16. gtrdave

    gtrdave Member

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    The musical word for the day: resolution.
     
  17. taez555

    taez555 Member

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    The same key as Oye Como Va

    :)
     
  18. gennation

    gennation Member

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    Yes, the Key Signature keeps the paper clean, but it also shows you the underlining Major/Minor or Minor/Major movements within a song based on a Tonic.

    In the case of this song it's a no brainer for anyone who understands diatonic theory that it's written in A Major.

    Once you take a tune that doesn't always stay diatonic is when the fun starts, and usually where you lose the diatonic understanding unless you go to the next step of find a Tonic in the tune that shifts Major and Minor sounds back and forth.

    Some of my favorite "difficult" tunes to play over become simple once you find the Major and Minor shift off a Tonic. I always use Pat Metheny's Bright Size Life and Phase Dance as an example as well as Stanley Clarke's Song for John and Cole Porters Night and Day as examples. But it's a concept or tool I use constantly for playing over difficult tunes as well as simple tunes from Neil Young, Rolling Stones, etc...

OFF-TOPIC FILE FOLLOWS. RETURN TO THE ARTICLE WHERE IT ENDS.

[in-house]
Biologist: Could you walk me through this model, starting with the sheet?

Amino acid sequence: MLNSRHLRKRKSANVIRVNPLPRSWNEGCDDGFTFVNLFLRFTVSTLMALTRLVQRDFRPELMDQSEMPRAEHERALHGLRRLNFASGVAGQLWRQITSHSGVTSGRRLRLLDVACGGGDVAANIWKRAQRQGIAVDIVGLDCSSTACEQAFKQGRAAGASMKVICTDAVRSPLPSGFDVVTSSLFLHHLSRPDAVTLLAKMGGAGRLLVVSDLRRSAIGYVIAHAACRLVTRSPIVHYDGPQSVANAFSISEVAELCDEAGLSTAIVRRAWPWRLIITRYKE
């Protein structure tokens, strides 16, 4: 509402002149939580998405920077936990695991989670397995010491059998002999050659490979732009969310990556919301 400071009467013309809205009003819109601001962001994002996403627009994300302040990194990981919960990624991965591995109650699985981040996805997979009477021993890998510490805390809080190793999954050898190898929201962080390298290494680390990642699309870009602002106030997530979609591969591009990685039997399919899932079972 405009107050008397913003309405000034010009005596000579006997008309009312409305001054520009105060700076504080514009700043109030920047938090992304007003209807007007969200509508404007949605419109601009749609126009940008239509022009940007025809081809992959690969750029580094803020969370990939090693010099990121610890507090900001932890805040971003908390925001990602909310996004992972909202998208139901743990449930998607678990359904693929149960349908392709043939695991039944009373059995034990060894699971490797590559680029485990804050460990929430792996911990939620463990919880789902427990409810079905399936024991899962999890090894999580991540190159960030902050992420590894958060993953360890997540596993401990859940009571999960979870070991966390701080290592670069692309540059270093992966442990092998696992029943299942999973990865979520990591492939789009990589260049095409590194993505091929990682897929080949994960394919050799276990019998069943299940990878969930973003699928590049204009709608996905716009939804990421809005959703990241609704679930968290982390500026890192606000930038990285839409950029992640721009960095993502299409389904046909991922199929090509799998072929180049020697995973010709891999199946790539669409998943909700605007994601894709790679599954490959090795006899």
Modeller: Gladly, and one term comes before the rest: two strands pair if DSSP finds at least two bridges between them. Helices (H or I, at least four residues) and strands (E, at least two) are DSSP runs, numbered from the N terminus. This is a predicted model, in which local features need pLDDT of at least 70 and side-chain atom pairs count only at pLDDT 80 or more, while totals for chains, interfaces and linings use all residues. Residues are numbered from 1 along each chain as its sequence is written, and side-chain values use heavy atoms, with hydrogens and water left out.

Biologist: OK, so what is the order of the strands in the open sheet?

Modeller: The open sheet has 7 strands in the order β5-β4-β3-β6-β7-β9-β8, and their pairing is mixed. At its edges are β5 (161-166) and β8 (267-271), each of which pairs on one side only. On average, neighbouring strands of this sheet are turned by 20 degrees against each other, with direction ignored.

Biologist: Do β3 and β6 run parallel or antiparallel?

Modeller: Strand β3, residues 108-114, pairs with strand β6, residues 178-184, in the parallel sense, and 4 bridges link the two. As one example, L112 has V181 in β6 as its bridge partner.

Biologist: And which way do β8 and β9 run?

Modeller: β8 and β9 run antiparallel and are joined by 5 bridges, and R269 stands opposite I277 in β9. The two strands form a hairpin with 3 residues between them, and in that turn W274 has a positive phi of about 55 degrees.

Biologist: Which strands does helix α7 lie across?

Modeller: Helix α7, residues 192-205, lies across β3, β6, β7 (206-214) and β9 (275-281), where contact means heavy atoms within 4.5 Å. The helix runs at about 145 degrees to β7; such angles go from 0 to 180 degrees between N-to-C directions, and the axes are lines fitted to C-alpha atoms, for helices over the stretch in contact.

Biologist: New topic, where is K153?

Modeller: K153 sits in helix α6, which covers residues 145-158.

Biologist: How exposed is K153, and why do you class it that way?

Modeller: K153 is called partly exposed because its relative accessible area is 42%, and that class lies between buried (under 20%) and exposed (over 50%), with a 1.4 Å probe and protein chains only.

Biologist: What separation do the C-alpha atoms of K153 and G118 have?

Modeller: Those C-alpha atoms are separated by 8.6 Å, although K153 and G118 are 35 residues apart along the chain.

19. Powderfinger

    Powderfinger Gold Supporting Member

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    I agree with the consensus that the song is in A, but if I use the "resolution" test, it seems to me to resolve to D.
     
  20. gtrdave

    gtrdave Member

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    I have no idea how you're hearing that. In the verses it "resolves" a bit to F# and this is not surprising seeing as how that is the relative minor to A. When the chorus kick in, though, and the A chord hits is when true resolution occurs in the song.

    D is right out.